Short answer: Yes. Long answer: many people misunderstand the Scrum Guide.
Scrum Development Team Membership
The Scrum Guide has a short section called “The Development Team” which says:
The Development Team consists of professionals who do the work of delivering a potentially releasable Increment of “Done” product at the end of each Sprint. Only members of the Development Team create the Increment.
It elaborates further on the characteristics of the Team with:
- They are self-organizing. No one (not even the Scrum Master) tells the Development Team how to turn Product Backlog into Increments of potentially releasable functionality;
- Development Teams are cross-functional, with all of the skills as a team necessary to create a product Increment;
- Scrum recognizes no titles for Development Team members other than Developer, regardless of the work being performed by the person; there are no exceptions to this rule;
- Scrum recognizes no sub-teams in the Development Team, regardless of particular domains that need to be addressed like testing or business analysis; there are no exceptions to this rule; and,
- Individual Development Team members may have specialized skills and areas of focus, but accountability belongs to the Development Team as a whole;
Taken in isolation, some misinterpret the third bullet point to say that Scrum teams only include developers and don’t include Testers, Business Analysts, Usability experts, etc. They’re taking too literally the “who”, because the challenge is that the “what” of the Team characteristics contradict that viewpoint. A Scrum Development Team needs “all of the skills as a team necessary to create a product increment” and “Individual Development Team members may have specialized skills and areas of focus.”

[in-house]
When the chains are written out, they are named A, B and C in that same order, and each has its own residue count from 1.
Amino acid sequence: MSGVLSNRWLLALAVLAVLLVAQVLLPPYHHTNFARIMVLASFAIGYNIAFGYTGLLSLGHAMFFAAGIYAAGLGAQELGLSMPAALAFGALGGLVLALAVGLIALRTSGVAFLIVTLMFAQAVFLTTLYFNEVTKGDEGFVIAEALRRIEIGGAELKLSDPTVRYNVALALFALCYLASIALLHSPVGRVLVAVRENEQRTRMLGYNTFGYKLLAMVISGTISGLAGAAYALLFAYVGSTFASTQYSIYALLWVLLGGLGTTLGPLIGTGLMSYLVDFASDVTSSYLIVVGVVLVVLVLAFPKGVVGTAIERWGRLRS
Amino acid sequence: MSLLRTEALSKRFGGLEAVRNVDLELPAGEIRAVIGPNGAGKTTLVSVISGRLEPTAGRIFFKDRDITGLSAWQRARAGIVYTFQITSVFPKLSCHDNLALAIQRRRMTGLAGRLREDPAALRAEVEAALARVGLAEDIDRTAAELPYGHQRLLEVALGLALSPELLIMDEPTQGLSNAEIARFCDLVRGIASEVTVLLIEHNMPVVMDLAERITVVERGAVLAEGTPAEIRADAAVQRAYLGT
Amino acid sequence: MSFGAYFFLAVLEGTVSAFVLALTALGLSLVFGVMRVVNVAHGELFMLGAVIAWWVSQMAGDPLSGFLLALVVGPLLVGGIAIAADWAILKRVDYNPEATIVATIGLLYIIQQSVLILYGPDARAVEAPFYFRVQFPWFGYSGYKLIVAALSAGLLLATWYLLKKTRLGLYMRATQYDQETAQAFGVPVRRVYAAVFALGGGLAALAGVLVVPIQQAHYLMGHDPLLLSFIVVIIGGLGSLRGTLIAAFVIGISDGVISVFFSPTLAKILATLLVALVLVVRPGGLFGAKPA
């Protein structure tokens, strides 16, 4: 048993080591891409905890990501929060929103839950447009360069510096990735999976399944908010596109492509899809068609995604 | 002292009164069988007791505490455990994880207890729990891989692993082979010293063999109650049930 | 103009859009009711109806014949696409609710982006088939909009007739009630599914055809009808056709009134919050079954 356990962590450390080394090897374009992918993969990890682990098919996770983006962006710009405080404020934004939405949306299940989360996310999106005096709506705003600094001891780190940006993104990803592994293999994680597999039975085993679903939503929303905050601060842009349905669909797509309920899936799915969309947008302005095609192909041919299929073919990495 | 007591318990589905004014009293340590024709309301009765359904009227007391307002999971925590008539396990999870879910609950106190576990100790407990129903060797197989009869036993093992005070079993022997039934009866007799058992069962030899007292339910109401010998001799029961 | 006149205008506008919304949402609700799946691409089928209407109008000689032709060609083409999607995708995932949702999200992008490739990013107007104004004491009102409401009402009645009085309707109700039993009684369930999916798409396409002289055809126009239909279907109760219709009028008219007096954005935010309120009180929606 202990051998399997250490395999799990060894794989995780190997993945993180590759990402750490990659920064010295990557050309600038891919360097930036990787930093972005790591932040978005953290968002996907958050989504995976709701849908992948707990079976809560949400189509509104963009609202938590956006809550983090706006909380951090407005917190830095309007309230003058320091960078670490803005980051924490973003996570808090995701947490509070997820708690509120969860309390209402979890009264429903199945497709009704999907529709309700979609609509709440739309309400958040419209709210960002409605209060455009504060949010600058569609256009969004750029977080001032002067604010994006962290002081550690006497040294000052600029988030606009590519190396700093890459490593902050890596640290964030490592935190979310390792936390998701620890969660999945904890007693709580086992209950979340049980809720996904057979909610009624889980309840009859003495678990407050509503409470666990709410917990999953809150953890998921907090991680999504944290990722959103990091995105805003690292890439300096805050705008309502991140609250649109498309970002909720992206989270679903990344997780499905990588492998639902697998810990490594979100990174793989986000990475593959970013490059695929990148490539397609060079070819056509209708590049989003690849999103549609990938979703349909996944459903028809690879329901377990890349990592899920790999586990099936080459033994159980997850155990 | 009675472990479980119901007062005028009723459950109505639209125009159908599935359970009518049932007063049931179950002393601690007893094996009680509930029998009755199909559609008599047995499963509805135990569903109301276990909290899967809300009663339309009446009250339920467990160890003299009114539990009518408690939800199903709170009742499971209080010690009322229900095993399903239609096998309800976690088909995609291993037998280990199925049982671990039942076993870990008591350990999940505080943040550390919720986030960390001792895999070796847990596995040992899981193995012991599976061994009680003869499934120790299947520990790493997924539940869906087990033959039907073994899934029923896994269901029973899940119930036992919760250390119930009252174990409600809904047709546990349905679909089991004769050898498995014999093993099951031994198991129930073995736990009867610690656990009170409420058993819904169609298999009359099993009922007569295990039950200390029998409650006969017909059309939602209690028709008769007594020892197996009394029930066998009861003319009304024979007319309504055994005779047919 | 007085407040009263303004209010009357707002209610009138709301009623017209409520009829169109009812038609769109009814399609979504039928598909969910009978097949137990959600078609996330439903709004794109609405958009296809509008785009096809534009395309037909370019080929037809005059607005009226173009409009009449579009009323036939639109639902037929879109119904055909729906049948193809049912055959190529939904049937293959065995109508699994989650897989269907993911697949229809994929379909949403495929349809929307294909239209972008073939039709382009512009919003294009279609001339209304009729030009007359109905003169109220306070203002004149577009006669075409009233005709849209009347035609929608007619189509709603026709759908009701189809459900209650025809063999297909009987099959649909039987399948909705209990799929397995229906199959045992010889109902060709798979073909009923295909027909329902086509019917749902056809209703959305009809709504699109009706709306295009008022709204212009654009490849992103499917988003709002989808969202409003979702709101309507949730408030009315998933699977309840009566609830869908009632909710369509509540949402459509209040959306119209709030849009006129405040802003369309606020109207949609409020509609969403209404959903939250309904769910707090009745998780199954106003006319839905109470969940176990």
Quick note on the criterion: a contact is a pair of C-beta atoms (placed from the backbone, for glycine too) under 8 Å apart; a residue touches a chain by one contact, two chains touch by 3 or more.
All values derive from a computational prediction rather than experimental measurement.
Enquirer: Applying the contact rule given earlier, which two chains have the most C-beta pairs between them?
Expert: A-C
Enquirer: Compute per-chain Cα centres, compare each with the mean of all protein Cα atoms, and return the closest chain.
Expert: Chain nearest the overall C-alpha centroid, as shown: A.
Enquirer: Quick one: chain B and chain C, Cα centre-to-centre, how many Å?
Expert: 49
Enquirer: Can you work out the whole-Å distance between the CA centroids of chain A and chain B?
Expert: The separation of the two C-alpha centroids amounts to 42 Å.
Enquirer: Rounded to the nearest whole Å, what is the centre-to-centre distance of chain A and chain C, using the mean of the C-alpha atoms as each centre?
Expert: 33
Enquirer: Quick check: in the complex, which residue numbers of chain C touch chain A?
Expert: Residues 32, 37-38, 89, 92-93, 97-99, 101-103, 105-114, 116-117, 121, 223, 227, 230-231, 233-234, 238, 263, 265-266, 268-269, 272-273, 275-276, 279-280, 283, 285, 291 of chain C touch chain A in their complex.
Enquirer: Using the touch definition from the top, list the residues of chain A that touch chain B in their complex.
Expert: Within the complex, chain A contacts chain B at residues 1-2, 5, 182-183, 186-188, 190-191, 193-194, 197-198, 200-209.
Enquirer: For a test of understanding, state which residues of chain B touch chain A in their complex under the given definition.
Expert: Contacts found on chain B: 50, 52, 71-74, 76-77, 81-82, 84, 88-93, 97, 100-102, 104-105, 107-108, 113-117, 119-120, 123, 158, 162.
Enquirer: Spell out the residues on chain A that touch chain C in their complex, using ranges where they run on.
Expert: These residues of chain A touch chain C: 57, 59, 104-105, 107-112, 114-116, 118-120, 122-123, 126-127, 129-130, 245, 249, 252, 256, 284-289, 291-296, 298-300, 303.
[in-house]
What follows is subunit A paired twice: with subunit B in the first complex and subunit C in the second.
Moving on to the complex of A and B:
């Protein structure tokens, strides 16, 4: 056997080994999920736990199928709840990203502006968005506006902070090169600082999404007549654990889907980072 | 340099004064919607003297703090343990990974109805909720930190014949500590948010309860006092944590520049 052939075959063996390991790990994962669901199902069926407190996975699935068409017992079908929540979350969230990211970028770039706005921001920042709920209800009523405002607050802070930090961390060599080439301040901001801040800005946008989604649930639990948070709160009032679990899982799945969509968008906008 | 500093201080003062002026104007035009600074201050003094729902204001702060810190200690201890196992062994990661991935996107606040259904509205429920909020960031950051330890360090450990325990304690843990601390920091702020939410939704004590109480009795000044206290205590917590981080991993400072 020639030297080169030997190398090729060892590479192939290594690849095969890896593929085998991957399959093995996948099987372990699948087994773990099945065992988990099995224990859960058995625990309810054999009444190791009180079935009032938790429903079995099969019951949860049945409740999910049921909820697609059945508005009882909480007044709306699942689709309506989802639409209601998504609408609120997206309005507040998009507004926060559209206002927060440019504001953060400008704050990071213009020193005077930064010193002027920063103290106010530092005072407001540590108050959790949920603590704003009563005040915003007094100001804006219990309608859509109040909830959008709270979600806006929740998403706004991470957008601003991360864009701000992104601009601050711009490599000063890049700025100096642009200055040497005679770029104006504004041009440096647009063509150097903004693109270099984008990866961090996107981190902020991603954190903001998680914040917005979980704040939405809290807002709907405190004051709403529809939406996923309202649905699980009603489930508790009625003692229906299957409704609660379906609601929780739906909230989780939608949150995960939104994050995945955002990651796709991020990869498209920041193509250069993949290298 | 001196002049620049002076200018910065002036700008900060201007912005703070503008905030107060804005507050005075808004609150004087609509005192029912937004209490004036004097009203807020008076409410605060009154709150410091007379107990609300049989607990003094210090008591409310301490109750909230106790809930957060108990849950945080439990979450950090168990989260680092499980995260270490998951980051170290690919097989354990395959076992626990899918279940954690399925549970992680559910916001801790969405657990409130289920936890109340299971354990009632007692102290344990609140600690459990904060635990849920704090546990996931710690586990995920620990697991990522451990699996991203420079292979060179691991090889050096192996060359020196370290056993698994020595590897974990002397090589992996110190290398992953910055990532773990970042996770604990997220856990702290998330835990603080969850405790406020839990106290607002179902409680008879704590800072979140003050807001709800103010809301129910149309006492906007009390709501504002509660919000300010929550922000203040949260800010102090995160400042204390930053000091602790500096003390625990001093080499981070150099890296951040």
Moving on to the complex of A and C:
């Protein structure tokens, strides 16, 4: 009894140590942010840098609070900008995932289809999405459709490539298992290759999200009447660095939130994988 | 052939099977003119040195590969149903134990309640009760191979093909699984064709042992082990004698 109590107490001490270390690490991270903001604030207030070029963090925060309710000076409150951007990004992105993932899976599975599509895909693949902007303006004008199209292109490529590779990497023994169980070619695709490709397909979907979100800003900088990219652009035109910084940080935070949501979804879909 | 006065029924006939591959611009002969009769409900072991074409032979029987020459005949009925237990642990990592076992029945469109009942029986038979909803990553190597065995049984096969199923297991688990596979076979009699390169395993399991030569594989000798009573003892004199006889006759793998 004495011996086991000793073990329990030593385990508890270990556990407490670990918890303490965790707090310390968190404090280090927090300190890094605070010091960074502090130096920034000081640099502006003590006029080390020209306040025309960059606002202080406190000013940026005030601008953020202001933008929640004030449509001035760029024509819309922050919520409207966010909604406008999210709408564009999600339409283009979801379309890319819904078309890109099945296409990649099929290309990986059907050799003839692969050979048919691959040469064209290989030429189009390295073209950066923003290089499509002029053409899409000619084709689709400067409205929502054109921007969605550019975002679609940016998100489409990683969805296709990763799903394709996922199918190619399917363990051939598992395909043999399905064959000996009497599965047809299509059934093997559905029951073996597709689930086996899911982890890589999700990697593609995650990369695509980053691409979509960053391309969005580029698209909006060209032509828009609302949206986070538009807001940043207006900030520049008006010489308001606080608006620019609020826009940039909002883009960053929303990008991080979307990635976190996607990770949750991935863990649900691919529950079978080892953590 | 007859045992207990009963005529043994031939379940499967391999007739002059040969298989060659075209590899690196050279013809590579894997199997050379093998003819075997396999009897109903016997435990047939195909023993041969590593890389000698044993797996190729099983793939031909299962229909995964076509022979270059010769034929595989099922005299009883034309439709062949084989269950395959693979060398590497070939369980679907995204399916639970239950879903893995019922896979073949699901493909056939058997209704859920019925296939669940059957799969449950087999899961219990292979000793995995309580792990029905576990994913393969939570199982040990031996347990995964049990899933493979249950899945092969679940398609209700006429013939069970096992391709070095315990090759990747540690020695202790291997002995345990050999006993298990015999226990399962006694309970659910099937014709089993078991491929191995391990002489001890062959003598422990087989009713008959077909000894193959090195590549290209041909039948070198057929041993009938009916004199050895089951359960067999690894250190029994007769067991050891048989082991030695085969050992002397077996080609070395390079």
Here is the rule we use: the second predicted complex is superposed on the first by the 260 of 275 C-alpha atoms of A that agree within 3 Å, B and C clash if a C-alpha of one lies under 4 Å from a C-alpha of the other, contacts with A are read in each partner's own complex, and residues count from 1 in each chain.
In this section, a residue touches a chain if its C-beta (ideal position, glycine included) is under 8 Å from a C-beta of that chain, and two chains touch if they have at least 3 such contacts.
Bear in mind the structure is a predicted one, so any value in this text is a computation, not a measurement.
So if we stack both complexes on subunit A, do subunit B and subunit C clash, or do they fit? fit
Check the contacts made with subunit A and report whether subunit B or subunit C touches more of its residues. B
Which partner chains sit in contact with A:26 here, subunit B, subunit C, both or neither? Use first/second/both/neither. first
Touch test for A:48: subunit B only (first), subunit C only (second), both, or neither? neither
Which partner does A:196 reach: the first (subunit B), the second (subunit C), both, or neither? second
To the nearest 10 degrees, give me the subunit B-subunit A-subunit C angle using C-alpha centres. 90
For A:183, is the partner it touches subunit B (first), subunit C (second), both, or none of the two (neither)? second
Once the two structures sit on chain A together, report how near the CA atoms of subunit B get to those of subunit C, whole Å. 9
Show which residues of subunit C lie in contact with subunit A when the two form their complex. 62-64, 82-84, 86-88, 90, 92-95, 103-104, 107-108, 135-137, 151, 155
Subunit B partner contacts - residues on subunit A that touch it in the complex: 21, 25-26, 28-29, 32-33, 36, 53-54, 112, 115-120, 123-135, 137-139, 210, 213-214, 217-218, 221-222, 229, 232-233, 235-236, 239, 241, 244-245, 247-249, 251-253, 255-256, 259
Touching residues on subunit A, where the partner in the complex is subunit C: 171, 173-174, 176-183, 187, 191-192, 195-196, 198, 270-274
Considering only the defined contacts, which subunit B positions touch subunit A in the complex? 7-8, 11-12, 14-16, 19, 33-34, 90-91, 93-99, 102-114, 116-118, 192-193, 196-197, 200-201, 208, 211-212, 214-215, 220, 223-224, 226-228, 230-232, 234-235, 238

Bottom line: the Development Team contains everyone required to get to the definition of “Done” in your business environment. So, I guess if your “Done” is untested code, then… okay, no testers. Otherwise, it includes everyone required to get the work done, for example this might include the following skills: Usability/UX, Business Analysis, Development, Test, Database, Security, etc. Sometimes having the skill doesn’t mean an extra team member – it means someone who has learned enough of another skill to help the team.
Other points to remember: that people can be members of only one Development Team; team membership is full time, and teams are stable (i.e. fixed membership over the long term, other than for normal turnover due to promotions or people leaving the company, etc).
The Scrum Guide language around teams isn’t perfect, however it’s a gross – and dangerous – misinterpretation to say that testers aren’t members of the Scrum Development team.
Related article: Choosing the Team Size in Scrum
(Image attribution: Melvin Green via FreeImages.com)
Mark Levison has been helping Scrum teams and organizations with Agile, Scrum and Kanban style approaches since 2001. From certified scrum master training to custom Agile courses, he has helped well over 8,000 individuals, earning him respect and top rated reviews as one of the pioneers within the industry, as well as a raft of certifications from the ScrumAlliance. Mark has been a speaker at various Agile Conferences for more than 20 years, and is a published Scrum author with eBooks as well as articles on InfoQ.com, ScrumAlliance.org an AgileAlliance.org.